I wasn't sure about this one at the beginning. Gemma (how is that pronounced anyway? Soft g or hard?) is obviously supposed to be a modern day, female version of Holmes with superpower levels of analytical skill and a slightly detached personality. The thing is, Delany doesn't seem to appreciate the subtle difference between absent/single-mindedness and thoughtlessness. Gemma is thoughtless a couple of times at the start of this book, without remorse or shame. Holmes was cold-bloodedly objective, but he was always a gentleman.
Things get better in the second half of the book, although the use of the evil nemesis trope had my eyes rolling around in my head a bit. The mystery plotting was really excellent, and while I suspected something wonky, I didn't see where the author was taking me until I was there.
Overall, it wasn't as strong as it could have been, but it was good. I enjoyed it enough to look forward to coming back to it. Not sure if I'll read the next one or not though. Maybe.
Due to a small miscommunication and shipping delay during the Christmas season, I have an extra copy of Footnotes from the World's Greatest Bookstores: True Tales and Lost Moments from Book Buyers, Booksellers, and Book Lovers
It's brand-new, never been read. If you'd like it, be the first to comment below and I'll send it to you. No matter where you live.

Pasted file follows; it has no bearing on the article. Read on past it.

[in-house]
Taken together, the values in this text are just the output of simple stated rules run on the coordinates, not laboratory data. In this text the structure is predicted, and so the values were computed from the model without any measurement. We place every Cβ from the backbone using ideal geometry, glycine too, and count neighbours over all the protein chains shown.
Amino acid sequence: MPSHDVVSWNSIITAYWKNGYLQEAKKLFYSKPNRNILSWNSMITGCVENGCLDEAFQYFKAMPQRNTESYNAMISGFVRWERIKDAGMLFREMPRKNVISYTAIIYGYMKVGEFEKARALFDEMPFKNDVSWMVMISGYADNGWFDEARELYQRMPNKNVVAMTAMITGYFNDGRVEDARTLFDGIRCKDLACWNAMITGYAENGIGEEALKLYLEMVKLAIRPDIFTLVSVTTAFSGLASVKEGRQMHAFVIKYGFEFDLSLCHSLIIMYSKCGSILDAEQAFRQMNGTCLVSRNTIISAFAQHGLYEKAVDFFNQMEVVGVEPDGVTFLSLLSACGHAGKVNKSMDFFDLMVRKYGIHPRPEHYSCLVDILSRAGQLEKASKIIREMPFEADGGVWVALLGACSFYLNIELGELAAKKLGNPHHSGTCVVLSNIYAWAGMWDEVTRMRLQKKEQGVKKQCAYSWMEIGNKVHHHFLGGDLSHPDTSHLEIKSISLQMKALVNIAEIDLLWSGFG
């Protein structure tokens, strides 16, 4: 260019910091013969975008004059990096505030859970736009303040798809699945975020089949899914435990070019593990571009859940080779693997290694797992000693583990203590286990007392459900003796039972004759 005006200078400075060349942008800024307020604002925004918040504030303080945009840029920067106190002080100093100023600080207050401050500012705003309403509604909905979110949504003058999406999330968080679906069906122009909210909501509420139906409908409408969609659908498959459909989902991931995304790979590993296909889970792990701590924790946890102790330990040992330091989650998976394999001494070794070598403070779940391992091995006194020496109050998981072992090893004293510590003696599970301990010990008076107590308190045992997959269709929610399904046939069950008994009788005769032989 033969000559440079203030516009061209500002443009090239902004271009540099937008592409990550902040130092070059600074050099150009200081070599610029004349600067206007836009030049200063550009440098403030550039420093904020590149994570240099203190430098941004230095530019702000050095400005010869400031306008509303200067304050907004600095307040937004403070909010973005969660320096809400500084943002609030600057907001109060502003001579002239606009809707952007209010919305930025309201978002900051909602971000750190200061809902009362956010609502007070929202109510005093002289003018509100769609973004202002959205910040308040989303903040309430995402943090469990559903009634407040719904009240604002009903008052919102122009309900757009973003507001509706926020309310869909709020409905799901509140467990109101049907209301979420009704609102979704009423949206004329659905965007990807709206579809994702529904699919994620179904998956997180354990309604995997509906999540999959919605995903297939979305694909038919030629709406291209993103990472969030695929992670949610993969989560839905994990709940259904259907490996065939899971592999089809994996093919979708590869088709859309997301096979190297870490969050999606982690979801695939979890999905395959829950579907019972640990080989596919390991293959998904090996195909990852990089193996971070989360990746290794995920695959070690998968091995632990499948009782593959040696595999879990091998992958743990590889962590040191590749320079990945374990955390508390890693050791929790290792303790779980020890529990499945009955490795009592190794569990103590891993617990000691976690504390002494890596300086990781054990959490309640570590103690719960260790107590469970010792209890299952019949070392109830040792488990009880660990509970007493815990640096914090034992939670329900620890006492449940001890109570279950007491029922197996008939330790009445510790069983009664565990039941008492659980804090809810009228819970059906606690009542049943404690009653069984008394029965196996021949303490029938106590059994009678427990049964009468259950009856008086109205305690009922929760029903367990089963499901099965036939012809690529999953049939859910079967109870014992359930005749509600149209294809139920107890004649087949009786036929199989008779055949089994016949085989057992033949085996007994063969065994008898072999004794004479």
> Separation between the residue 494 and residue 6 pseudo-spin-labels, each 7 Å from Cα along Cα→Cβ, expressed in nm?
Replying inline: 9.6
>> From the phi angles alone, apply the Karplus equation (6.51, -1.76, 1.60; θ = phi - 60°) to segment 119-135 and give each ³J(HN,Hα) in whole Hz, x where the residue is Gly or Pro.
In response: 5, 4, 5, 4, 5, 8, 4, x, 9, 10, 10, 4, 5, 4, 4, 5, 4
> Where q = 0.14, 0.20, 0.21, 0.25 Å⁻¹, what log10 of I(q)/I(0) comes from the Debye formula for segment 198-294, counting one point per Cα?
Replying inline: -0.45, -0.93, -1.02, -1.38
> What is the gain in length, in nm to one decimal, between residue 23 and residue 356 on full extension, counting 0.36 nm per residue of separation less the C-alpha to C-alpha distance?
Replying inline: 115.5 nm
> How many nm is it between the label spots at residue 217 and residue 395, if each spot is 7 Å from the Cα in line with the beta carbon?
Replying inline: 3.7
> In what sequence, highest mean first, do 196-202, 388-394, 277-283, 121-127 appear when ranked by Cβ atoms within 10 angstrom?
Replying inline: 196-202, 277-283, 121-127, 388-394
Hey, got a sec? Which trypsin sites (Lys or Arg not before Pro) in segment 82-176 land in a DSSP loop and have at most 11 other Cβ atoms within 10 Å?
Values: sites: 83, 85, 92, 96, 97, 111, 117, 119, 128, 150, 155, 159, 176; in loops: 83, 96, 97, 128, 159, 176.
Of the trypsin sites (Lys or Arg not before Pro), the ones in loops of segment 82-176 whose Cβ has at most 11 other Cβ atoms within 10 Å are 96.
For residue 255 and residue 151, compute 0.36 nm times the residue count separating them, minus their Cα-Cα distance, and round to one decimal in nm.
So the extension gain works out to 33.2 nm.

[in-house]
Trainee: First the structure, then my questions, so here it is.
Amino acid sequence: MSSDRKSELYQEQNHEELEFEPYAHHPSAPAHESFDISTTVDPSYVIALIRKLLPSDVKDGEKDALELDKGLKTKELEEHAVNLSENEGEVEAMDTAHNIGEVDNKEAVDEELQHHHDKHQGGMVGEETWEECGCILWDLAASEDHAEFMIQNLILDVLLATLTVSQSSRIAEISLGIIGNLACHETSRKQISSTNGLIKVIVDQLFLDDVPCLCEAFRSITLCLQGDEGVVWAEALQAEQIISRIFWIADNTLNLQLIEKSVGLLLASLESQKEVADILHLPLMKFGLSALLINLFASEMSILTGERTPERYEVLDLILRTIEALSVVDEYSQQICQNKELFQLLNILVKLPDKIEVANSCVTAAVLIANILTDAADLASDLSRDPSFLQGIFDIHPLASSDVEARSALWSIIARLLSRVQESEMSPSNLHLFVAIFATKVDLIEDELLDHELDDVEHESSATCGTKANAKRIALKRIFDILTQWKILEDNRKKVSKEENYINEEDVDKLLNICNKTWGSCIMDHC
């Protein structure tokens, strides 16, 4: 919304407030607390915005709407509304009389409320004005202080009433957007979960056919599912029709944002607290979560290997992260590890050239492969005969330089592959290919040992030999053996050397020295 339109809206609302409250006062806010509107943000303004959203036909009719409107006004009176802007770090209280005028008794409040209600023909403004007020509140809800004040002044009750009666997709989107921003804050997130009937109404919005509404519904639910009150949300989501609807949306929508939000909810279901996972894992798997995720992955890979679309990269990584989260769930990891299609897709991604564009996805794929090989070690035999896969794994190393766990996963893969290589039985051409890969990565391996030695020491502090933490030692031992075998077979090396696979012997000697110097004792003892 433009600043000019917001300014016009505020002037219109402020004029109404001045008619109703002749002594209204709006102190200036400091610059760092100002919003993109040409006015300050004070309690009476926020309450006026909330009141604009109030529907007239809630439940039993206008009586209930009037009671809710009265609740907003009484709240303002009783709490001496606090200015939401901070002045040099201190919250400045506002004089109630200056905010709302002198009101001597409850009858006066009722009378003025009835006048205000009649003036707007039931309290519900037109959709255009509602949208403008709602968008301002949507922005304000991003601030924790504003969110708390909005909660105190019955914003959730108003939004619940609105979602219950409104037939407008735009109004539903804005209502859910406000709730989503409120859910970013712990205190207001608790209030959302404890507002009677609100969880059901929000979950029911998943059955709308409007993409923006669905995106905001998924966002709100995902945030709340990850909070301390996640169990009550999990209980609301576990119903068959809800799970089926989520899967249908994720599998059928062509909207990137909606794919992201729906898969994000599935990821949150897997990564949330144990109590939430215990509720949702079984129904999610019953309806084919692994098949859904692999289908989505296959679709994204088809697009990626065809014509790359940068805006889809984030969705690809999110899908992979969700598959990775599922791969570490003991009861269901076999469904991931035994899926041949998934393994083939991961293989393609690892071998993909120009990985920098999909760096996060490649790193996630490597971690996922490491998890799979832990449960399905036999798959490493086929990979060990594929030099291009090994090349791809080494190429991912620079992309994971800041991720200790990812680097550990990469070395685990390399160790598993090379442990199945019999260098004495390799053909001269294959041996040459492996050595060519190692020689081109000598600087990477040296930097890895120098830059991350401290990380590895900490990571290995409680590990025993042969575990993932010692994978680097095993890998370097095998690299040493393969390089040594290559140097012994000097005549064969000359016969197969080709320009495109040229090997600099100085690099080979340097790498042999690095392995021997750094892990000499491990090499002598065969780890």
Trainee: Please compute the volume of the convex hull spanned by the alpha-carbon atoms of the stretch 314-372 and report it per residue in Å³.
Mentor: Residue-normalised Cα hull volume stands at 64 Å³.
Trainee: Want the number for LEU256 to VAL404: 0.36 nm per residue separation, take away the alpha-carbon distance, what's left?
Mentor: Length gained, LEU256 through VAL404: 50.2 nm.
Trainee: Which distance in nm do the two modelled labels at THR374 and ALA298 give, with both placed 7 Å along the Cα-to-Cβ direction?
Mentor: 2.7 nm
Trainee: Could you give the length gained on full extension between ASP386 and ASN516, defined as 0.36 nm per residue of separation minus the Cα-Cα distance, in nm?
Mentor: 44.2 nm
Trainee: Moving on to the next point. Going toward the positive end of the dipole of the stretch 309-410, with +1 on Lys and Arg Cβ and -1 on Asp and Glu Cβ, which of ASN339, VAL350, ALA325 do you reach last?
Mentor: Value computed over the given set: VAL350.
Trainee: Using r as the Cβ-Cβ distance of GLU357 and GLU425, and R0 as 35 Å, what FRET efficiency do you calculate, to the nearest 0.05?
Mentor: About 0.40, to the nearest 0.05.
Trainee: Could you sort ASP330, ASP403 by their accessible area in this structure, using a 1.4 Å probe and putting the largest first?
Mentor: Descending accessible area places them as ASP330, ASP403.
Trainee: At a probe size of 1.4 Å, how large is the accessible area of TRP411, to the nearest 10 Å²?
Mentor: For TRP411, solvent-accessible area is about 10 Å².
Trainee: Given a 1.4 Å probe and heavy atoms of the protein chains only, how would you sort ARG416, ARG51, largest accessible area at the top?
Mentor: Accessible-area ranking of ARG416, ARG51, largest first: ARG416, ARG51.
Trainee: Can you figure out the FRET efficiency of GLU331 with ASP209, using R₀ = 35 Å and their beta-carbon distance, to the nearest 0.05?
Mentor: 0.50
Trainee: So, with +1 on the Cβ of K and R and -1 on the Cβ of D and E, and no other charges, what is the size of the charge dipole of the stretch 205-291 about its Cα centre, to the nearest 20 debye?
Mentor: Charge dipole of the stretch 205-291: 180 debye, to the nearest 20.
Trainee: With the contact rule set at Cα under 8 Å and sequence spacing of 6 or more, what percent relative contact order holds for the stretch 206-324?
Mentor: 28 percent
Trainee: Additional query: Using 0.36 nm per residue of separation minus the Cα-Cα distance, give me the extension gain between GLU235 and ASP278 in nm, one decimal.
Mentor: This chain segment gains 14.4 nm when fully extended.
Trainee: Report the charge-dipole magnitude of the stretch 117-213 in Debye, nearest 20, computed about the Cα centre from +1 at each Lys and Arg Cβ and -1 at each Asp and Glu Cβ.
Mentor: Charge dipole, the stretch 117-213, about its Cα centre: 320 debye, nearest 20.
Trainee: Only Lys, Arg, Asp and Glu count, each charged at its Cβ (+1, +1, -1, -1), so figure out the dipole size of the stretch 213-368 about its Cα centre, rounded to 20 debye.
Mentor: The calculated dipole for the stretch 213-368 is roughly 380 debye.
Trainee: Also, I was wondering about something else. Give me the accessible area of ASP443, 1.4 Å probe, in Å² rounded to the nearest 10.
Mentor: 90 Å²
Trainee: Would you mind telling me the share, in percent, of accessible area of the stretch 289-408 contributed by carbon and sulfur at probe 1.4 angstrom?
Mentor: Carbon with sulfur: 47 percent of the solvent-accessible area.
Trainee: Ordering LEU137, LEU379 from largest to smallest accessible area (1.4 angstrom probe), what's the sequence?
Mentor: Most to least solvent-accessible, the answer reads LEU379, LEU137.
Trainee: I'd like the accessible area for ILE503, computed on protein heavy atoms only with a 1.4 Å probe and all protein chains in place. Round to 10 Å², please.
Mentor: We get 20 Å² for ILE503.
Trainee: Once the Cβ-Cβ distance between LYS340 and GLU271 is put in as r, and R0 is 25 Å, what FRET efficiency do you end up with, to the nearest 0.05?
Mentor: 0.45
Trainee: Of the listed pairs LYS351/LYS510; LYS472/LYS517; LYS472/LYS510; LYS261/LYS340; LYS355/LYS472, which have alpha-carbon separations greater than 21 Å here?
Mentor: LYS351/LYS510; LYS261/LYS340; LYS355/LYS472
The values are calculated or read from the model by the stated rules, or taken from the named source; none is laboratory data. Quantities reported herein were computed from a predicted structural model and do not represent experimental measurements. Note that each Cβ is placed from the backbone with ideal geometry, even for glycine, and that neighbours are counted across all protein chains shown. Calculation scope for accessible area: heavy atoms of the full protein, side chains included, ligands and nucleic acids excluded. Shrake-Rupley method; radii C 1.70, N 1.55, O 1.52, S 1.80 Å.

No, not an April's Fool gag, but we'll call it a celebration of a new month. :)
The Haunted Grange of Goresthorpe is a previously unknown short story written by a young Arthur Conan Doyle, and was only discovered when Blackwood's archives were donated to The National Library of Scotland in 1942.
In 2000, the Arthur Conan Doyle Society received the necessary permissions to publish the story for the first time. I found a copy of it in a used-book sales list and snapped it up because A. it's Doyle and B. it's a ghost story.
As with any kind of previously unknown story posthumously published, this slim volume has a preface, an introduction and an afterword. But in this case, the result is so presumptuous it's hilarious. We start with a reasonable 2 paragraph statement from the copyright holders and a 1.5 page preface by the Librarian of the National Library of Scotland. This is followed by a 38 page introduction by the head of the Arthur Conan Doyle Society, broken into 3 chapters.
Lots of introductions are long, although I've never actually seen one split into chapters before. But here's the kicker:
The Haunted Grange of Goresthorpe is only 9 pages long.
So we have an introduction that is fully 4 times longer than the story itself; to add insult to injury, Owen Dudley Edwards spends much of that 38 pages talking about how juvenile an effort this story is on Doyle's part (in fairness, he argues this is understandable, as it's believed to be his first effort).
I realise I'm not a lettered, learned, literary expert (although I can alliterate with the best of 'em!), but I must respectfully (or not) disagree with Mr. Dudley Edwards: I thought this was a ripping good ghost story! Conan Doyle is an undisputed master of the short story form, and in 9 measly pages he sets the scene, the atmosphere, the backstory, the dare, and finally a delightfully hair-raising climax and ghostly encounters. I didn't find the writing juvenile in any way; indeed the writing never got in the way of the story; unlike Dudley Edwards' attempts.
If you have the chance to read this, do. Just skip the introduction, and enjoy the story; it may not be his best, but it's still better than most writers at their best.